Clarkston, Mi - hip yet quaint

Up the street there is another resto, under same management, that often has people lined up to taste its succulent barbecue fare – Union Woodshop, with an accompanying store, and a lively bar on the second floor.

“This is not a theme park," Union Woodshop's website says. "This is a place that won't settle until it settles a craving."

Across the street is a deli, Rudy’s Market, which sells high end food and wine.

With its stone façade it plays off its former auto garage pedigree.

Meanwhile along the few blocks of the downtown visitors can easily stroll among several nifty boutiques.

Clarkston is easy to get to from Windsor.

Just drive up I-75 past Pontiac and Auburn Hills - just past DTE Energy Music Theatre - take the Clarkston exit, hang a left over the bridge and you can already start seeing the downtown hubbub, featuring buildings dating from the 19th century.

The drive into town has grand old houses, many flying Old Glory and red white and blue bunting, giving the appearance of an all American town.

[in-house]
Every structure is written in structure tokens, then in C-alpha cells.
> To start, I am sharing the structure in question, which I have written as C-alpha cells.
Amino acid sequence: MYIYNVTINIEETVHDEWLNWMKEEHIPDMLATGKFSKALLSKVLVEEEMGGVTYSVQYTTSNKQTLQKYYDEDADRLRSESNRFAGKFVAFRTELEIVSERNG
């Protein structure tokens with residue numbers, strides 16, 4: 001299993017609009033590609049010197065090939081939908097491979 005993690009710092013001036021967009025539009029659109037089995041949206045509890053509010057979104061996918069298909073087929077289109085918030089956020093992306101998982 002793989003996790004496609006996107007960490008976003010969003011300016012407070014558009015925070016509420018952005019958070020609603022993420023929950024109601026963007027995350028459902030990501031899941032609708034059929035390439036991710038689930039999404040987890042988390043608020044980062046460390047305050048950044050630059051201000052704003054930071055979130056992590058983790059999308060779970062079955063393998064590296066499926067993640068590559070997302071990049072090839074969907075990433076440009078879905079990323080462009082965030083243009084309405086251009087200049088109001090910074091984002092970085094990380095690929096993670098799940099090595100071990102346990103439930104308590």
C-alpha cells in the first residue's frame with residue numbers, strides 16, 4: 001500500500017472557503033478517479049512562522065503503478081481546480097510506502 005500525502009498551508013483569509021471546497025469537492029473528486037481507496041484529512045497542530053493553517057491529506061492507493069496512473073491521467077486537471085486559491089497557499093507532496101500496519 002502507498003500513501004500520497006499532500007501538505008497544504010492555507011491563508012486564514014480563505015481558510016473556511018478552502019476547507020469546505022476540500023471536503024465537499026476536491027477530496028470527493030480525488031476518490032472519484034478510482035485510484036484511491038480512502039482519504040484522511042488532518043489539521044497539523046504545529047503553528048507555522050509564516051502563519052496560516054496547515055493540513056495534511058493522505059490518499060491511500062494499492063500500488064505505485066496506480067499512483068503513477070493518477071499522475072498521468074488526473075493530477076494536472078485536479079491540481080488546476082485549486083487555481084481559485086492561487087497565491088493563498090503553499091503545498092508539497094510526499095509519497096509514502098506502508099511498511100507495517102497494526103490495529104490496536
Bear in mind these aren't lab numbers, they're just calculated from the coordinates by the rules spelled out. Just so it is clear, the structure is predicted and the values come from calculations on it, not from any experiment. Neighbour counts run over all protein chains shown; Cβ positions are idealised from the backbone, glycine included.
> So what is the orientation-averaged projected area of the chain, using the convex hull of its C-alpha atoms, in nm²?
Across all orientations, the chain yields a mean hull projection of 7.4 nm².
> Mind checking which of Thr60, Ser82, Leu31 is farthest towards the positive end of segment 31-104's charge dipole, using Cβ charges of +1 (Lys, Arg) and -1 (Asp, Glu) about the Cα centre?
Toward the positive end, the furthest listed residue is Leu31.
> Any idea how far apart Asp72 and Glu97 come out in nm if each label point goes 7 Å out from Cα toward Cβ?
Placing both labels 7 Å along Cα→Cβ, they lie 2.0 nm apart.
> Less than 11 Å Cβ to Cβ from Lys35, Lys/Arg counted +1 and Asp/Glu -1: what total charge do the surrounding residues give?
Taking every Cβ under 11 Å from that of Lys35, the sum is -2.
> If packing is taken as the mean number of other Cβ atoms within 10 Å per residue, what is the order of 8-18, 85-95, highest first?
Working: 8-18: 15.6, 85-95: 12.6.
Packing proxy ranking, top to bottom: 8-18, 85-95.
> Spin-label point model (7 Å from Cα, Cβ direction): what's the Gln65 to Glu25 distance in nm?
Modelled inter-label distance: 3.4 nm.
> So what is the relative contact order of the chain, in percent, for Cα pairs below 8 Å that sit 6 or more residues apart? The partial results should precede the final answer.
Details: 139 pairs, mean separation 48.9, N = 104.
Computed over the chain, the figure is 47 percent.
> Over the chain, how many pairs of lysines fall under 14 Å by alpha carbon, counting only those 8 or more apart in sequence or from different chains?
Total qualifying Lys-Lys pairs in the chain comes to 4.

As well, Clarkston has something you won’t find in many place – anywhere – anymore.

These are large square blocks (picture above) that old timers used to use to get on and off horse-drawn carriages.

They’re located on Main and neighbouring Holcomb streets.

But this village, with its stately grounds, may never have been preserved.

In the 1970s authorities wanted to widen the Main Street to four lanes.

“And that would have totally destroyed the look of the town,” Clarkston Heritage Museum director Toni Smith said.

Residents fought back and that was really the beginning of an effort to preserve the town’s heritage buildings.

In 1980 Congress granted Clarkston national historic district status.

Henry Ford – yes, that guy – spent a lot of time in Clarkston.

In many ways Clarkston is the quintessential “Ford Village Industries” town.

Ford set up workshops in communities around Detroit.

But in Clarkston he created an upholstery factory, the Mill Pond dam, a tractor school, and a mill building.

There are historical “wayside” signs along the streets guiding you on a walking tour of the sites.

But the “stepping rocks” are one of the most fascinating objects.

“At one point we were a very popular tourist destination so there would have been carriages going up and down the street,” Smith said. 

“We were a popular stop because we have a lot of lakes.” 

One the stones even has a metal ring attached where people would tie their horses.

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